PTAbro’s review published on Letterboxd :
It's hard not to liken Roger Greenberg to Barry Egan, and at times to their respective films. Both are neurotic losers in a realism-tinged fairy tale, at odds with expressing themselves with exceptionally charming romantic interests (not to mention starring traditionally comedic actors in a comparatively dramatic role). Though Greenberg is, in my opinion, a lesser film than Punch-Drunk Love thanks to the character of Roger being a more overt asshole and more difficult to 'root' for, both left me with the same warm and fuzzy feeling that accompanies the 'loser makes good' storyline.
Noah Baumbach grounds this film very well, which in turn accentuates the fantastical nature of how his characters act and think. The mundanity of the situations presented - from caring for a sick dog to trying (and failing) to reconnect with your past - all seem like plausible real-world scenarios, but what elevates the film from good to great is the way Baumbach hits that uncanny valley of human reactions to these mundane events. The earliest example of this dichotomy between realism and fantasy is a simple sequence of Greta Gerwig's Florence driving through L.A. It's a bit of a struggle to describe, but the selection of shots connote that Baumbach is purposefully trying to show natural reactions, and that purposefulness makes them unnatural. It's the oft-mentioned magic act deliberately exposed but still performed. It's self-aware in its falseness, and by establishing that within the first few shots, the suspension of disbelief, by being eliminated early on, allows for everything that follows to play by Baumbach's rules. I can imagine that that assertion of control by Baumbach over the audience and his films' definition of reality can come off feeling extremely pretentious, but, for me, it was wonderfully relaxing - I felt no pressure to critique the preposterous actions within the film and was simply allowed to let Baumbach drive. To make another example in terms of the film, it's like watching a puppet show where the strings and sticks are always visible, but the show itself is rooted in the fact that the characters are puppets.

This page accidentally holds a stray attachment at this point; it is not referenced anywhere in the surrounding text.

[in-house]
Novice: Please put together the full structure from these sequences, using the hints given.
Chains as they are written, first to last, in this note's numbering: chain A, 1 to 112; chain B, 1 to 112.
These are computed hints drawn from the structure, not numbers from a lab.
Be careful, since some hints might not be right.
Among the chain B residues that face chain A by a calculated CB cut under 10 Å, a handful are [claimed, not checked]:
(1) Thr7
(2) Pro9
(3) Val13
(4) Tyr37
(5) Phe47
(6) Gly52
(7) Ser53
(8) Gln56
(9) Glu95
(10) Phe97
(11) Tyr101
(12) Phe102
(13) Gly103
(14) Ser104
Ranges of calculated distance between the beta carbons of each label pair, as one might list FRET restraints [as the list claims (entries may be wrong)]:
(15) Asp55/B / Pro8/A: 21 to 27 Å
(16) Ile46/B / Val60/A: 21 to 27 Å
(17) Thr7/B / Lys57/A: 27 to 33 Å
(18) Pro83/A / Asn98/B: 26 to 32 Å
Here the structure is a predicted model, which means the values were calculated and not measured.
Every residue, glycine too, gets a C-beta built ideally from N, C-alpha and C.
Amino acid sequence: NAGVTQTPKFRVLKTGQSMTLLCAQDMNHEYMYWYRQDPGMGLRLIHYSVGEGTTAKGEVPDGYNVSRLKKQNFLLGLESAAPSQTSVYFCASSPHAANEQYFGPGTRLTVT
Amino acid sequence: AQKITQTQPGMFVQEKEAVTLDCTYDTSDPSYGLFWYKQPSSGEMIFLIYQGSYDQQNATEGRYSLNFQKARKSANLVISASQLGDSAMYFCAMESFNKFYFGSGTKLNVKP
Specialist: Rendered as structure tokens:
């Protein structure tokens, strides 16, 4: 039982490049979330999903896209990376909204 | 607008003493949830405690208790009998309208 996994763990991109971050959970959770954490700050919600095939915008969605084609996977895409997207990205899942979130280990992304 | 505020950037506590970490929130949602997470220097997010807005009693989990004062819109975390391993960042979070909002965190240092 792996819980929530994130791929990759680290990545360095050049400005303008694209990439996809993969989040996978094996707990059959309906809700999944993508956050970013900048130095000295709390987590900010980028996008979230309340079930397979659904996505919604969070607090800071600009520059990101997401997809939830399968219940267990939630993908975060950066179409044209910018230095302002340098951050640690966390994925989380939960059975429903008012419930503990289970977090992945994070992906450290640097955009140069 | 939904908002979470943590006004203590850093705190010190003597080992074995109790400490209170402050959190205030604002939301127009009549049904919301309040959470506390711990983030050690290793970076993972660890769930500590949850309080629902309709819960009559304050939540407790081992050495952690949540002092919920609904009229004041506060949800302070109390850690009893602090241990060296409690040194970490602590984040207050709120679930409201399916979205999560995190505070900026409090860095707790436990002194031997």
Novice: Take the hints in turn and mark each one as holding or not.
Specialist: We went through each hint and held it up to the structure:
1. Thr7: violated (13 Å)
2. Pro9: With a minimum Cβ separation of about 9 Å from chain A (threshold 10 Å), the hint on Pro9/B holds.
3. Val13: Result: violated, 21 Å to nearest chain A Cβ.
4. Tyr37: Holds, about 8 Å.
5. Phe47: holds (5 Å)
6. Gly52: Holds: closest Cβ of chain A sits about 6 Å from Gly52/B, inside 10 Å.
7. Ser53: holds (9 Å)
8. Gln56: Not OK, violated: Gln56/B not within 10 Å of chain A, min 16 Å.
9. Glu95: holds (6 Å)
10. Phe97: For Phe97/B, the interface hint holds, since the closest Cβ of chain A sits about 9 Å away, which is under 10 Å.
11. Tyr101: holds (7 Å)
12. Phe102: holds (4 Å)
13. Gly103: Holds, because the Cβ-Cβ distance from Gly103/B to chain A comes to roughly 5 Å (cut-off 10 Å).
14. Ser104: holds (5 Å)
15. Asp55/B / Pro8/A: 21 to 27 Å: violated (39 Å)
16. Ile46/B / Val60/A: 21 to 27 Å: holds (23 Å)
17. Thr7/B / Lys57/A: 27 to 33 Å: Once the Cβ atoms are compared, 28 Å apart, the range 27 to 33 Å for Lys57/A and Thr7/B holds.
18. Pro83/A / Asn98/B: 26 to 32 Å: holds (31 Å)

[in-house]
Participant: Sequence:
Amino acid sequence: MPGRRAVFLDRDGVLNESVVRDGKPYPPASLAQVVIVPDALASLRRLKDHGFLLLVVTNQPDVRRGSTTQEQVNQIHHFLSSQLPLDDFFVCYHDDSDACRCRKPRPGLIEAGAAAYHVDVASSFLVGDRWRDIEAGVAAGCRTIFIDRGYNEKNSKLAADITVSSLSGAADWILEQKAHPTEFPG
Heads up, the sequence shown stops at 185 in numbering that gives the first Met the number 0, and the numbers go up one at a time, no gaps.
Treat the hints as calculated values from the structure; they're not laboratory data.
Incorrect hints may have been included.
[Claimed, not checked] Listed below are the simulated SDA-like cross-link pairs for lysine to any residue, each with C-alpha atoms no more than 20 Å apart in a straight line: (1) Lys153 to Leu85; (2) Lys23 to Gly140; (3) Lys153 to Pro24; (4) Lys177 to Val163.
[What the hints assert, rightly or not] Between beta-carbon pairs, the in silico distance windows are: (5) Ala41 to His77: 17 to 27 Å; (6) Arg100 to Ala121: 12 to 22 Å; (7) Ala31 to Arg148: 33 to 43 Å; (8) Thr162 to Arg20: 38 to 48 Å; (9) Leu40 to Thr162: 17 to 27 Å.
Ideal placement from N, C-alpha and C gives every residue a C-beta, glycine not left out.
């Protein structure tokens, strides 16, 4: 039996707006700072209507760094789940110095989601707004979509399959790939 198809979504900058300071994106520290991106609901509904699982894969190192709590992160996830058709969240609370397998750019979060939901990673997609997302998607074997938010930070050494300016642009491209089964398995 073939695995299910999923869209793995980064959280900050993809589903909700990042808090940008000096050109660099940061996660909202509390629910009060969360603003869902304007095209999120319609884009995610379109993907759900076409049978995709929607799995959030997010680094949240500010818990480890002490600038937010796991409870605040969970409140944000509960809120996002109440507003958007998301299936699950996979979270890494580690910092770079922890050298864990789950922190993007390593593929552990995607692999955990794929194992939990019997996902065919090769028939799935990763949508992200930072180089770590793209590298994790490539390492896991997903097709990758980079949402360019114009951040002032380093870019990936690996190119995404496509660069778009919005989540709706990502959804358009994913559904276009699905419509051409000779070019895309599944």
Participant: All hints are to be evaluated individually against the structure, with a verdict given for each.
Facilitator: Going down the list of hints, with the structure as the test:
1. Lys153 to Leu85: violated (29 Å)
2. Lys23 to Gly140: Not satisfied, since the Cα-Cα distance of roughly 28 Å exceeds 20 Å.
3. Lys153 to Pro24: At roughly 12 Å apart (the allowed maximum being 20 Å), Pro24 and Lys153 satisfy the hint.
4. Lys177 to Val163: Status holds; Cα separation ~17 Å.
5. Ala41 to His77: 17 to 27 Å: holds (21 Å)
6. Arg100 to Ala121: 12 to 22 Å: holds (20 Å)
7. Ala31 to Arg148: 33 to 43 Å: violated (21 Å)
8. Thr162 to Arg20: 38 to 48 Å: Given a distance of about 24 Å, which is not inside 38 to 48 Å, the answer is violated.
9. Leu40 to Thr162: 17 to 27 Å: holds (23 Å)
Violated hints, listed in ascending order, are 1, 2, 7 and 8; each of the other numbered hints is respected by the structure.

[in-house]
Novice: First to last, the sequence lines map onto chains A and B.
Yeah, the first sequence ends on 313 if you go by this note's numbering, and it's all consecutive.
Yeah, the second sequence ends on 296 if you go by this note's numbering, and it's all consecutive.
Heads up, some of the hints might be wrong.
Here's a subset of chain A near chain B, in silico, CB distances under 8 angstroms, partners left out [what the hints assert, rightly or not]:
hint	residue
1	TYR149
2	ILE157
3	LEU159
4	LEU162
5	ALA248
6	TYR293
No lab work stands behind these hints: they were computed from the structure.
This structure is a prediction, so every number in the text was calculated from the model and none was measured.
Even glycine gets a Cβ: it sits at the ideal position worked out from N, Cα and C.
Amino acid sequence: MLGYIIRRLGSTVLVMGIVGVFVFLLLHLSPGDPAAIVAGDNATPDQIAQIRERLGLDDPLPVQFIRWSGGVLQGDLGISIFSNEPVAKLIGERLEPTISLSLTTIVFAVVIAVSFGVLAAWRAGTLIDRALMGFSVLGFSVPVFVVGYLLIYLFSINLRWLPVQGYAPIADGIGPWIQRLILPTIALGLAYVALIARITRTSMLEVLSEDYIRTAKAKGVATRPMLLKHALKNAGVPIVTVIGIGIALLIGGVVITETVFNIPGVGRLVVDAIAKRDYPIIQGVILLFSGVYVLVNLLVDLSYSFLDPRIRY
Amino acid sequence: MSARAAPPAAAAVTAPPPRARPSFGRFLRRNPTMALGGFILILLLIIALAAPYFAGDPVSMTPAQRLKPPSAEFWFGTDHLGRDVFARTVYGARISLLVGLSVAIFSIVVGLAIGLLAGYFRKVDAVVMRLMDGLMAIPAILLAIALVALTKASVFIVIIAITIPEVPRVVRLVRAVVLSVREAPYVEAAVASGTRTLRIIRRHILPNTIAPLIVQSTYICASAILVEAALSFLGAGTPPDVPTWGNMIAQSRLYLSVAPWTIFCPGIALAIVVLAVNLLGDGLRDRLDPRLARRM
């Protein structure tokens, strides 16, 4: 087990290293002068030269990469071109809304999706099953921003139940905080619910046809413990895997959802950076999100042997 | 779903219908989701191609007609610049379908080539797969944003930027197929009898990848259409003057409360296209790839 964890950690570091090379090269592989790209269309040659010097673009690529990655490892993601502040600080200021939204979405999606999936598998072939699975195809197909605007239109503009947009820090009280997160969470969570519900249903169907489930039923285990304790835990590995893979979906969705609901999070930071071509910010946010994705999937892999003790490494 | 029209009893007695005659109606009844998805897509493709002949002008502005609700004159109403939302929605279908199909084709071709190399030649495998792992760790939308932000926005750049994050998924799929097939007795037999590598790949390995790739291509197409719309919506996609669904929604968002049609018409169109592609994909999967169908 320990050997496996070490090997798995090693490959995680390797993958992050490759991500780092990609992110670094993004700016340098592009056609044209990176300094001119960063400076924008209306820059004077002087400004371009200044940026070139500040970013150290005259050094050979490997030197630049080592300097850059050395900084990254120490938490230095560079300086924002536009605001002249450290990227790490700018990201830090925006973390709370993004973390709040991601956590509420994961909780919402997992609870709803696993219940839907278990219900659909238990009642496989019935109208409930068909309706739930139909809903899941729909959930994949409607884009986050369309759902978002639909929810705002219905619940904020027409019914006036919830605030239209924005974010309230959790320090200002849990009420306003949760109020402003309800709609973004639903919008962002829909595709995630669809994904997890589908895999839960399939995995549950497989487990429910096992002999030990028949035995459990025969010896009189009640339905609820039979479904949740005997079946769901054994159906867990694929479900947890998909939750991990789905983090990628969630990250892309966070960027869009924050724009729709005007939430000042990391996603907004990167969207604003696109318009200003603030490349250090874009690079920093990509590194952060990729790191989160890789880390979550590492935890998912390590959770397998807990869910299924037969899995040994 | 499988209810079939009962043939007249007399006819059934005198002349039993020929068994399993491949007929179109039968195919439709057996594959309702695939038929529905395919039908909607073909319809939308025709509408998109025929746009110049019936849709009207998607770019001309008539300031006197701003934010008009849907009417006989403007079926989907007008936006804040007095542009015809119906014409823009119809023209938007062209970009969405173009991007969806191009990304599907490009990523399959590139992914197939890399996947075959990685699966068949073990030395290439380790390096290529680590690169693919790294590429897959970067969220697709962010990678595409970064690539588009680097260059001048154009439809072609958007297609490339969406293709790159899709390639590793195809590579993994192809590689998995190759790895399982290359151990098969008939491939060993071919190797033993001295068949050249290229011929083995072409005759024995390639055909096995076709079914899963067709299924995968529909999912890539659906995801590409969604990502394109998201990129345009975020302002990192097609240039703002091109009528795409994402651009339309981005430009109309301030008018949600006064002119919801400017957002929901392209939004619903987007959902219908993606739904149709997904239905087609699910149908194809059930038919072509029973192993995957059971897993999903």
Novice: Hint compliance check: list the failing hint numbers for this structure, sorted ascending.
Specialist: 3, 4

Wow, that last paragraph was way too long, way too tangential, and way too defensive. Still, I got a generous kick out of Greenberg. Stiller has done better (most notably in The Royal Tenenbaums), but he still manages to impress here, even as an almighty dick, in creating pathos for a character with obvious mental issues. And, as above, Greta Gerwig is a revelation. Not only in her natural beauty, but in her chemistry with nearly everyone on screen - although that might be more of a projection on my part. I need, want, must see more of her, and realizing that her and Baumbach collaborated in the recent Frances Ha has exponentially increased my desire to check that one out. Though I can certainly see people's complaints with Greenberg as a whole - the pretentiousness, the aimlessness, and the unlikeability of Greenberg himself just to name a few - I'd have a tough time agreeing with anyone who found issue with her performance, and, by extension, Florence's character in this film.